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What are the major comparison points between the tragedies of Aeschylus, Sophocles, and Euripides?

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Aeschylus, as the oldest of these three tragedians, introduced several new concepts to Greek theater. For example, Aeschylus introduced the notion of having more than one character on stage at a time and the idea that characters could talk to each other, rather than simply to the chorus. Aeschylus also introduced certain basic concepts of stagecraft, such as the use of elaborate costumes and headdresses, and the use of scenery, all of which became standard elements of Greek theater.

Sophocles built upon the innovations of Aeschylus in several ways. Sophocles introduced the notion of three (or even four) actors on stage at a time, increasing the importance of dramatic dialogue, while reducing the role of the chorus. Most importantly, Sophocles perfected how characters are represented on stage; unlike Aeschylus, whose characters often seem incomplete or two dimensional, Sophocles rendered characters with great attention to detail. His diction, as well, marks a move away from Aeschylus's profundity toward a kind of simple grace.

Euripides, the last of the three, is considered the most "modern" of the Greek tragedians. Euripides introduced the use of female characters, and even slaves feature in his work. Unlike Aeschylus, for example, Euripides often satirized Greek gods and was far more critical of Greek society. He modeled his characters on real life and sought to give them recognizable emotions and multi-dimensional personalities. Of the three great Greek playwrights, Euripides has had the greatest impact on the development of modern tragedy.

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Aeschylus, Sophocles, and Euripides present an ongoing evolution in drama that can be seen across a wide variety of aspects. In addition to the number of actors that they use and the prevalence of the chorus in their plays, one way to compare the three is through the complexity of their plotlines, and where they create tension between the characters.

In this sense, Aeschylus was fairly primitive. His plays, like Prometheus Bound, rely on external struggles of power in which the drama and tension is all apparent to the audience. Characters interact with one another, and their immutable differences create the drama as they struggle. This creates an epic feel that would fit well in an action movie, but leaves little room for nuance or subtle lessons or storytelling.

On the other side of the spectrum, Euripides is the most advanced. His characters have internal struggles that go on inside themselves as they deal with developments in the world around them.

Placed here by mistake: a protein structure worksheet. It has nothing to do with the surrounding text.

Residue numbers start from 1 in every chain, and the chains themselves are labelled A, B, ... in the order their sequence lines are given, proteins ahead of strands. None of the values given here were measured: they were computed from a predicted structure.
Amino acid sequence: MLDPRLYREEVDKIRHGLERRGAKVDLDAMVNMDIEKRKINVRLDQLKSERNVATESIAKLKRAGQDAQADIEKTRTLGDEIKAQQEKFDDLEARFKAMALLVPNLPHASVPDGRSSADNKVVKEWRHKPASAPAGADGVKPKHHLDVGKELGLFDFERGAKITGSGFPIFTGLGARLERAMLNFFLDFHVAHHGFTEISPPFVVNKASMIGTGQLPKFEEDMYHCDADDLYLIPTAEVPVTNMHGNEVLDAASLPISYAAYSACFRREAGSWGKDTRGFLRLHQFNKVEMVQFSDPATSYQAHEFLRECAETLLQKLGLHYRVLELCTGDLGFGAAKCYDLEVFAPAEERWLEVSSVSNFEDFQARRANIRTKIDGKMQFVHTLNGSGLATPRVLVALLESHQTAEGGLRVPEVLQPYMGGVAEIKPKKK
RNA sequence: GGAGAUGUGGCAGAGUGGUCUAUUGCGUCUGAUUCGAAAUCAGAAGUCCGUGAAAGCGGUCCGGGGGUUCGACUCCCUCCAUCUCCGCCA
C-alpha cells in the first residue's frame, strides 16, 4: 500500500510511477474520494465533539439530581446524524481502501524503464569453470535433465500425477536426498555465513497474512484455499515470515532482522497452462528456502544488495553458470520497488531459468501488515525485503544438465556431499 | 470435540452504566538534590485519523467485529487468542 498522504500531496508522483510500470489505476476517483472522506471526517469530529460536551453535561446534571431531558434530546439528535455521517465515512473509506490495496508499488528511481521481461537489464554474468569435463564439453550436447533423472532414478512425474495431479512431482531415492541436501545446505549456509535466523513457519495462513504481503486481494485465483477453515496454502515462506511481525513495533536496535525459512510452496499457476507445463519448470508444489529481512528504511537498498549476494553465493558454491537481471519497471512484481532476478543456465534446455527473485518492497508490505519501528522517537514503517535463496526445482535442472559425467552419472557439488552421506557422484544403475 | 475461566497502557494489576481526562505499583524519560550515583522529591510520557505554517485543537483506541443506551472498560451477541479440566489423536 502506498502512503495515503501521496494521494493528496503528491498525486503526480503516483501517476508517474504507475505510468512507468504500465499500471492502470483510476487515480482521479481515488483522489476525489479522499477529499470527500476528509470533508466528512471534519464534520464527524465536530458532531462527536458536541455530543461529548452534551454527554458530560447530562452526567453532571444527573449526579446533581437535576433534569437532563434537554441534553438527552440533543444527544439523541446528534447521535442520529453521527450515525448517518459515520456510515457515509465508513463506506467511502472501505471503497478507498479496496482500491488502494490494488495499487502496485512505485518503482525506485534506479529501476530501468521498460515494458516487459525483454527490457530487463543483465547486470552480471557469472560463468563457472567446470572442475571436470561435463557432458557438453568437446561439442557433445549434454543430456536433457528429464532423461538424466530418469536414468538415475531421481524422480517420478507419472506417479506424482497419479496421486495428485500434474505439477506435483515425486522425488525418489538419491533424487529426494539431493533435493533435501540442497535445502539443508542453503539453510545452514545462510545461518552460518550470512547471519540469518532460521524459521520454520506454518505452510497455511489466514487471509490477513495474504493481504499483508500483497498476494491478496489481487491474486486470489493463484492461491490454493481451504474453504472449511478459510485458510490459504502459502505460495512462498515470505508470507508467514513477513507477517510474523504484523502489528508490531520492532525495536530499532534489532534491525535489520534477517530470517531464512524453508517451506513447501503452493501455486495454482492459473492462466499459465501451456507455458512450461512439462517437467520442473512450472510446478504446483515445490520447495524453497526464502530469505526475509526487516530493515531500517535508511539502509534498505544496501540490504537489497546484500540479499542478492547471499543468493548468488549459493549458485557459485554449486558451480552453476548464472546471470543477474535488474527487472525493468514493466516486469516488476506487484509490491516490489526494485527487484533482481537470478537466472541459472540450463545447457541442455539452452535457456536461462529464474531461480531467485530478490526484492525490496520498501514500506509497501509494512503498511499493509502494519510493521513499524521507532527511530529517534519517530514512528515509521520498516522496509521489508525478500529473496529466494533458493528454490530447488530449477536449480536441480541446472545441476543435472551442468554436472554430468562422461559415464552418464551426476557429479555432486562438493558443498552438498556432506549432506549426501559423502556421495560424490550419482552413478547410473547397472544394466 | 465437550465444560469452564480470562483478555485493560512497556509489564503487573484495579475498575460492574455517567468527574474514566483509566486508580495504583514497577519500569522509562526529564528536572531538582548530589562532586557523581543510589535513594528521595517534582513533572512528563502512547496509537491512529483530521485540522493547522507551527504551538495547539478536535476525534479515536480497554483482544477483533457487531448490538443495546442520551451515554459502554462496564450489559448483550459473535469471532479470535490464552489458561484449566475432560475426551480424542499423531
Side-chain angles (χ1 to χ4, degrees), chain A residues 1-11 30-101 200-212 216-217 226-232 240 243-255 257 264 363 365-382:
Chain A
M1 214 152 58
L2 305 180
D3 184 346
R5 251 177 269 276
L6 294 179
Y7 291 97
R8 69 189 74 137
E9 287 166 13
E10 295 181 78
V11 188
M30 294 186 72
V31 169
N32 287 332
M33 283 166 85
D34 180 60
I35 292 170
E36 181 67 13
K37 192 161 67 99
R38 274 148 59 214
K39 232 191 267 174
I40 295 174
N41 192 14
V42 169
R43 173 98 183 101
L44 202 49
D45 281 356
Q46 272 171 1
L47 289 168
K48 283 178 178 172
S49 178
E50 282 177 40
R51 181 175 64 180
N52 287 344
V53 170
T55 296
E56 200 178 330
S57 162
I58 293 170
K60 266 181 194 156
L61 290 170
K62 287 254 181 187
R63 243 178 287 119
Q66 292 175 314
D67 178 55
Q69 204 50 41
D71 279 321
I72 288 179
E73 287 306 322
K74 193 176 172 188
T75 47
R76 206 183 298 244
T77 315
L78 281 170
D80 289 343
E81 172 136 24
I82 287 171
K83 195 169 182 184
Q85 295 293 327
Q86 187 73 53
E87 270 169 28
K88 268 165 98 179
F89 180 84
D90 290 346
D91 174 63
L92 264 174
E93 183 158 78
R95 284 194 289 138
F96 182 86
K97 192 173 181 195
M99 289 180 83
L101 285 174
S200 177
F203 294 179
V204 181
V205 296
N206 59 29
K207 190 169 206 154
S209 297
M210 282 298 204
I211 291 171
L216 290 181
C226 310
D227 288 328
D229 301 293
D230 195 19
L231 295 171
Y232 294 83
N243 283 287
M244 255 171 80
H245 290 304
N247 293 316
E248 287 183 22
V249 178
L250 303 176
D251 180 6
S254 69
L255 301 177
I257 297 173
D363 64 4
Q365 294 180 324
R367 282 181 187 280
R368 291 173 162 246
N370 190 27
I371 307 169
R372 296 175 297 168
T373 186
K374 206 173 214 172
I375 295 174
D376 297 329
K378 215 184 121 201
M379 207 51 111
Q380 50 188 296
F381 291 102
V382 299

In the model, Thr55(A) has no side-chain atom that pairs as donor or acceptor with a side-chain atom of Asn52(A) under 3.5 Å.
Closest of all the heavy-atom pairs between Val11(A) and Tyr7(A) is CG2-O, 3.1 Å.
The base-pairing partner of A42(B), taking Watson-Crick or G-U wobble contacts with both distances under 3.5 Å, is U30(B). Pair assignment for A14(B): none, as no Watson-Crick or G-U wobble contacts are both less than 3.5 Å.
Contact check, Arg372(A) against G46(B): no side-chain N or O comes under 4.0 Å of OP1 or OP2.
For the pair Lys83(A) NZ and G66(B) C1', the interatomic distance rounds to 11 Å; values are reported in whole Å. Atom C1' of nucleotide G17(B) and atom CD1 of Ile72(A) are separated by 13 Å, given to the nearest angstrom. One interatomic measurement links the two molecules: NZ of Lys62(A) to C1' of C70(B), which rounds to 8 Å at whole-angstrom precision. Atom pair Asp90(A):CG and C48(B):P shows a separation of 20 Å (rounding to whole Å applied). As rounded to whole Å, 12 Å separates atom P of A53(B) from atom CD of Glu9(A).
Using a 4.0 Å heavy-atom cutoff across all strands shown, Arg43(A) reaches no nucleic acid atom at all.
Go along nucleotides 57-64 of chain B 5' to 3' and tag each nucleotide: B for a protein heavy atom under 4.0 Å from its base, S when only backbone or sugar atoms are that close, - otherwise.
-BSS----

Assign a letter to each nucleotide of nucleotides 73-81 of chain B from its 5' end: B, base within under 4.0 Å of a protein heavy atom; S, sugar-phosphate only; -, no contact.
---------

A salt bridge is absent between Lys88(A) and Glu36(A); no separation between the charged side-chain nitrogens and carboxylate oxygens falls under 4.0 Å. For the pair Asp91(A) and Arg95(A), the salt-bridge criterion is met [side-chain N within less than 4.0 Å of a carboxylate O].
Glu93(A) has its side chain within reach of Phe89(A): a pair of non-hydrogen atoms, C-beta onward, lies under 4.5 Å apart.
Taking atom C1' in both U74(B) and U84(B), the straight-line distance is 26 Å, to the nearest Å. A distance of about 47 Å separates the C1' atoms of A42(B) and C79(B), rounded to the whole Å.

Sophocles represents the turning point between the two. You can see him experiment with pulling intense drama back into the characters' own heads in Electra, when it slowly dawns on the title character that her brother has returned home from exile and that they are about to embark on a path of vengeance.

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Aeschylus is the most traditional of the three. He expanded the role of the cast, from one actor to two.   His plays still have the Chorus front and center, as protagonists.  He is mainly theological.

Sophocles is in the middle of these two. He is half-traditional and half-modern.  He has more actors (3-4) than Aeschylus, but not as many as Euripedes.  He expands the role of the Chorus, but they are not protagonists--more objective, in the middle.  His plays focus on strong women (Antigone).  His plays are humanistic and fairly political.

Euripides is the most modern of the three. He limits the role of the chorus the most, focusing on the inner lives of his characters.  His characters seem a departure from the classic tragic heroes, as he places strong women (Medea) at the forefront.  He even satirizes the Greek heroes of old.  According to my notes:

[Euripides'] plays are more exuberant than those of Sophocles and Aeschylus; often, he has the heroes and heroines face difficult choices, which are finally solved by the sudden appearance of a god (deus ex machina).

So, overall, the role of the chorus seems to be the most significant difference between these three. Enotes says it best:

However, the role of the chorus changed over time and in the hands of the three great tragedians. For Aeschylus, the chorus played a more central role. In the Suppliants, the chorus is actually the protagonist, while in Agamemnon, the play’s themes find clearest expression in the vocalizations of the chorus. In Sophoclean drama, the chorus could be interpreted as a group of characters itself, with a distinct perception and point of view. In some of Sophocles’s plays, as in Ajax and Electra, the chorus was most closely attached to the title character. In other plays, namely Antigone and Oedipus at Colonus, the choruses are made up of city elders who present their opinions on the events they are witnessing. By the time of Euripides, however, the chorus had taken on a far less crucial role. According to Rex Warner writing in Three Great Plays of Euripides, in the works of Euripides, “The chorus perform in the role of sympathetic listeners and commentators, or provide the audience with a kind of musical and poetic relief from the difficulties or horrors of the action.”

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